and places do not match with your newly pregnant condition, and sometimes you also need to wilfully reorganise environments to adapt to your new state.
I mentioned before, that pregnancy is a good opportunity to clean out the old in preparation for the new, because as soon as that baby is born, there’s not going to be a lot of “going back” to where you once were. So in many ways, pregnancy is a phase of transition between the old and the new.
Throughout pregnancy, a woman's sensitivity to all that is around her increases. There is greater awareness of food, noises, odours, thoughts, feelings, situations, people’s vibes or auras. Whilst it is impossible to completely cocoon oneself away from the world for all of 9 months, this sensitivity will cause you to consider each environment you enter as affecting two people at once.
Every place we go is just one scene in our total life environment. There are 3 main areas of our environment which have helped form us, and which will in turn help to form our new babies. These are the domestic, the workplace and the social arenas. When pregnant, each of these environments is indirectly conditioning the baby within, so it is important to approach each of them with the child’s best interest at heart. For example, if you would not consider taking a newborn baby into a noisy modern shopping complex, why take an 8 month gestated one into the same environment? Just because he is enclosed under a few millimetres of skin and fat, and floating in fluid, doesn’t mean he isn’t sensing those same gross sounds that you are hearing yourself. If you yourself are not enjoying such trips, that is your instincts telling you it is stressful for the baby’s development (you are the baby’s environment!). Try to get someone else to do the shopping, or else order by phone and have things home delivered if possible.
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A Special Space Just for You
Your home is the first place to consider when creating a nice place for a baby to grow up in. A woman should be afforded the opportunity by society and her family to become like a gestating infant herself, to create and retreat into an environment that is nurturing both for herself and her baby. Try to create or find a special place in your home where you feel relaxed and free to just be with your baby. This is especially important if your house is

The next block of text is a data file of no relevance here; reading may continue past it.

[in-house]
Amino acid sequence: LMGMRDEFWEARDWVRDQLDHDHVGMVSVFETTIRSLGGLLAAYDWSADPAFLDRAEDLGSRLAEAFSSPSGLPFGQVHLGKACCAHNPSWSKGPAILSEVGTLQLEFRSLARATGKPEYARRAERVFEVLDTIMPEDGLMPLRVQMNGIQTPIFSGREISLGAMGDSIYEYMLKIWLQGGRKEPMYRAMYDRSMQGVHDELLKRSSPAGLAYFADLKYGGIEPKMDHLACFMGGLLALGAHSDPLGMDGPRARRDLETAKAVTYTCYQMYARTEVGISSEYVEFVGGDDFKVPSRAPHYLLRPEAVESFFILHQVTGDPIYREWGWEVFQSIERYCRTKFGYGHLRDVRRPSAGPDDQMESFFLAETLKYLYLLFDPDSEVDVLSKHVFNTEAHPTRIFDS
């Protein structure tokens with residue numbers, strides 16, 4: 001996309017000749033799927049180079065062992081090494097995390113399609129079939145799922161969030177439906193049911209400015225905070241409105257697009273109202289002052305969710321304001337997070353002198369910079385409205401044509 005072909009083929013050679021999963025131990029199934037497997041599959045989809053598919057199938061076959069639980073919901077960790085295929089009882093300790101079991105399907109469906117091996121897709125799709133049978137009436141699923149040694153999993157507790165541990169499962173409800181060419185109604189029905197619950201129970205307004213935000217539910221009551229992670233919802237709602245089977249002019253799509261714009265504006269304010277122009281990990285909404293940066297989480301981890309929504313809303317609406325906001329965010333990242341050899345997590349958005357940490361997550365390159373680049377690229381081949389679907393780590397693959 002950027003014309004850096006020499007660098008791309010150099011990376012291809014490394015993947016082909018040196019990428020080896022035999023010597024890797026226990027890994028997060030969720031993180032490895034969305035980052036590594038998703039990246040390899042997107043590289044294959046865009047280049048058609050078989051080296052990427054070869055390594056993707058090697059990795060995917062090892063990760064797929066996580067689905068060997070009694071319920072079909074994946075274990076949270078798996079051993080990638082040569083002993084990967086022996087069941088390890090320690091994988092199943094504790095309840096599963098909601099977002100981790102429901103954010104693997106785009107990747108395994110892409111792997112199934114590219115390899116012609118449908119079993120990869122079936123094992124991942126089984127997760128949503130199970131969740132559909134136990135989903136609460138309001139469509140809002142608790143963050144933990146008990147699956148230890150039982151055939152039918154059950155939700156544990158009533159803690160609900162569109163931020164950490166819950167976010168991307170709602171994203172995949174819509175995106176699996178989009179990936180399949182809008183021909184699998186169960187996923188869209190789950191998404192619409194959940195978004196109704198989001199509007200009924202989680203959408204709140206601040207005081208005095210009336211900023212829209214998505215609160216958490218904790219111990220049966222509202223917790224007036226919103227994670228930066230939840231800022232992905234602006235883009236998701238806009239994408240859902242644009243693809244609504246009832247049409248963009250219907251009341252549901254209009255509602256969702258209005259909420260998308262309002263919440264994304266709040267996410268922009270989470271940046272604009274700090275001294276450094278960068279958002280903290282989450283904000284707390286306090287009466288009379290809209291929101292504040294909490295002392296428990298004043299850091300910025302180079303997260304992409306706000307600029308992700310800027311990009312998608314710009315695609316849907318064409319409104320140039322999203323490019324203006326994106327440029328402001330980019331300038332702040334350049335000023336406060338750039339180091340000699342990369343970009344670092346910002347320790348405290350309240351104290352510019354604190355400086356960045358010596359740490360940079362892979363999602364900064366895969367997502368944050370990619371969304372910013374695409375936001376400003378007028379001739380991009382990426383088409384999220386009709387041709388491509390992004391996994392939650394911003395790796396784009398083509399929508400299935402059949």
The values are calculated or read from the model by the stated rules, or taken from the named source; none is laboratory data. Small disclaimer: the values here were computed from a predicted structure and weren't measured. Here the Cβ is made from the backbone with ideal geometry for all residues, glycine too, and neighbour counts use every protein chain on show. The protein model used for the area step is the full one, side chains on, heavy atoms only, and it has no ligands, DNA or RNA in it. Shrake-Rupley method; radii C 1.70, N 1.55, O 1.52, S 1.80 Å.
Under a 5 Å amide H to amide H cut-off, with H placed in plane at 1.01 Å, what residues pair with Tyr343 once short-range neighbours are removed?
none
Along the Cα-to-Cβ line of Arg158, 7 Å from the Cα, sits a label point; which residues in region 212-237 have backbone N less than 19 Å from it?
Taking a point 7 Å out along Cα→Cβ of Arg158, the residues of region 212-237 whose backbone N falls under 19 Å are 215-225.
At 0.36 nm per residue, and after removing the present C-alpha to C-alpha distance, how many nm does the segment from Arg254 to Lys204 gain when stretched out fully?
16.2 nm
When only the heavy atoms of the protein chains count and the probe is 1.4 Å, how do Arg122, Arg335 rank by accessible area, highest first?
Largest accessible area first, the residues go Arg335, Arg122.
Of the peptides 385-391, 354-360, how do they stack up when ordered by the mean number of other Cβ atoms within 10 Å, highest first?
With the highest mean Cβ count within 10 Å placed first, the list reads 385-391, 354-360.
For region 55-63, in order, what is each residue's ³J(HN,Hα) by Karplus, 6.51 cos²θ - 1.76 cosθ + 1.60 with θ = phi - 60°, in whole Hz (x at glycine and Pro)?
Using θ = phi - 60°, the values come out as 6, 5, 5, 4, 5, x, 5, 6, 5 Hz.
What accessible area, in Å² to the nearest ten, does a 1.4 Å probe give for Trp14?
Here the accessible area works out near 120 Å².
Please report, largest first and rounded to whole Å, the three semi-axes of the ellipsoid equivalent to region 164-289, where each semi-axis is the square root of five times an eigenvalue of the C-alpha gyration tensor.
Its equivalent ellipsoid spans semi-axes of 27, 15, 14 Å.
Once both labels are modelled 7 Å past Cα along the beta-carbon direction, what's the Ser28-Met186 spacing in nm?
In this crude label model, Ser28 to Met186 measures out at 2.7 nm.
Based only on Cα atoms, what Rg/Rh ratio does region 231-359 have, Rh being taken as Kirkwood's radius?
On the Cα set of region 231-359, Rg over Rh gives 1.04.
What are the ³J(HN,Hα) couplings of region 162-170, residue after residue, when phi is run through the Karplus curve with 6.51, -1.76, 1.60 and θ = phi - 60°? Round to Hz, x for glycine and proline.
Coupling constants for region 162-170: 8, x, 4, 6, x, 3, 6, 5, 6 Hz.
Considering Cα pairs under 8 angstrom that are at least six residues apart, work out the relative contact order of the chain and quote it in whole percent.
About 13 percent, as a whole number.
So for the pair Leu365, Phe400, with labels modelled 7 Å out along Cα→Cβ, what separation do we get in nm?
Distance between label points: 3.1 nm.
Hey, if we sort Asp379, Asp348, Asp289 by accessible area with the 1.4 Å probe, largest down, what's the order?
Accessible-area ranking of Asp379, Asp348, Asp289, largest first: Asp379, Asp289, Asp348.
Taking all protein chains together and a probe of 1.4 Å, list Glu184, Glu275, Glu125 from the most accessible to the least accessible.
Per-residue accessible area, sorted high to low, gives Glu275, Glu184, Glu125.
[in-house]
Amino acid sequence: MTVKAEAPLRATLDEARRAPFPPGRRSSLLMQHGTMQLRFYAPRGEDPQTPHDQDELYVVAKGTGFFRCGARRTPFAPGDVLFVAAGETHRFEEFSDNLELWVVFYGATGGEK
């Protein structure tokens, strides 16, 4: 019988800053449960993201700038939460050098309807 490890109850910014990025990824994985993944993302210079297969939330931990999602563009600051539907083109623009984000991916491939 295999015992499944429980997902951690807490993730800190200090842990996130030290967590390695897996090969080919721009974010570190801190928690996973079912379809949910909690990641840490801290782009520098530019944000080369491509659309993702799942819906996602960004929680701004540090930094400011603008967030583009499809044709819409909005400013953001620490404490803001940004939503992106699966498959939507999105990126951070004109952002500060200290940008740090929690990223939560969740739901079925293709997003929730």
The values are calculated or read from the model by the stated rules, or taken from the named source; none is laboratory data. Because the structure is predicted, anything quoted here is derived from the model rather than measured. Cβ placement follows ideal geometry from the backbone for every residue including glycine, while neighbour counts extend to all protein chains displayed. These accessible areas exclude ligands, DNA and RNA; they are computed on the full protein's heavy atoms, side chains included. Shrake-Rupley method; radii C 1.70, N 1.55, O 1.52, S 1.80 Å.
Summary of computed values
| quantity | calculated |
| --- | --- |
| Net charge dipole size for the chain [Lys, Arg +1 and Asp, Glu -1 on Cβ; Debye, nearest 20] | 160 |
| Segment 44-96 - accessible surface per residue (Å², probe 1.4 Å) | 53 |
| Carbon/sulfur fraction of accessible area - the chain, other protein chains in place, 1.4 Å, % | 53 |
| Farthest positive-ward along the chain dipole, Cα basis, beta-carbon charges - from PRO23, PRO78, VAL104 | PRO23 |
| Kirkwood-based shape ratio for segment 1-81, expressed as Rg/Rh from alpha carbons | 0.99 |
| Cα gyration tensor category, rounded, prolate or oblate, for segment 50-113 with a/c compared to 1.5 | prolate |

already humming with other children and activity. Set this up in advance of the birth so everybody gets to know that – “Mum is in her quiet place for a while and is not to be disturbed”. This space may also double as the place for yoga sadhana, so that every time you go into it, whether you intend to practise or not, you and the baby will enter a peaceful mindspace.
The Nesting Urge
As the name implies, this phenomenon is part of our instinctive nature. Any previous mother or midwife can attest to the final manifestation of this urge in the week or two preceding the birth. Birds and animals take great care to make a nest just right for their young, the female often trying the nest out for size as the building takes place. But notice that they do this prior to laying eggs, not just before the eggs hatch.
Women also should be free to build and adjust their nest in a rehearsal for motherhood, and not just before the baby hatches, but for months before, so as to create the right 9 month incubation environment. Nesting therefore begins long before childbirth as part of the journey from an inkling of motherhood towards the full manifestation of it. The intending mother may be the driving force behind a couple moving home, extending their home, redecorating their home. The final rituals of maternal nesting behaviour are also helping a woman to be ready for the beginnings of the separation that occurs at birth.
In anticipation of the arrival of the baby, a mother-to-be often begins to fine tune a special space for her baby in a similar way to the way one might prepare for a special guest’s arrival. Cleaning out cupboards, freshening up things, arranging flowers, hanging new curtains, organising all the baby’s clothes, making up the bed, all seem to be particularly popular pastimes for an 8 month pregnant woman, and a sure sign that labour is imminent.
Paying attention to nesting urges is an impor-tant part of preparation for the birth and the physical reality which follows it. It is nature’s way of making sure the mother has made a space for the baby in her life. Not just a physical space, but also a psychic space for their relationship. Ignoring or suppressing these feelings with full time work or lots of away-from-the-house activities can inhibit the ability of your body to labour efficiently. Nesting is in fact the very beginning of labour – an emotional and psychic focussing that precedes the physical focus of labour proper.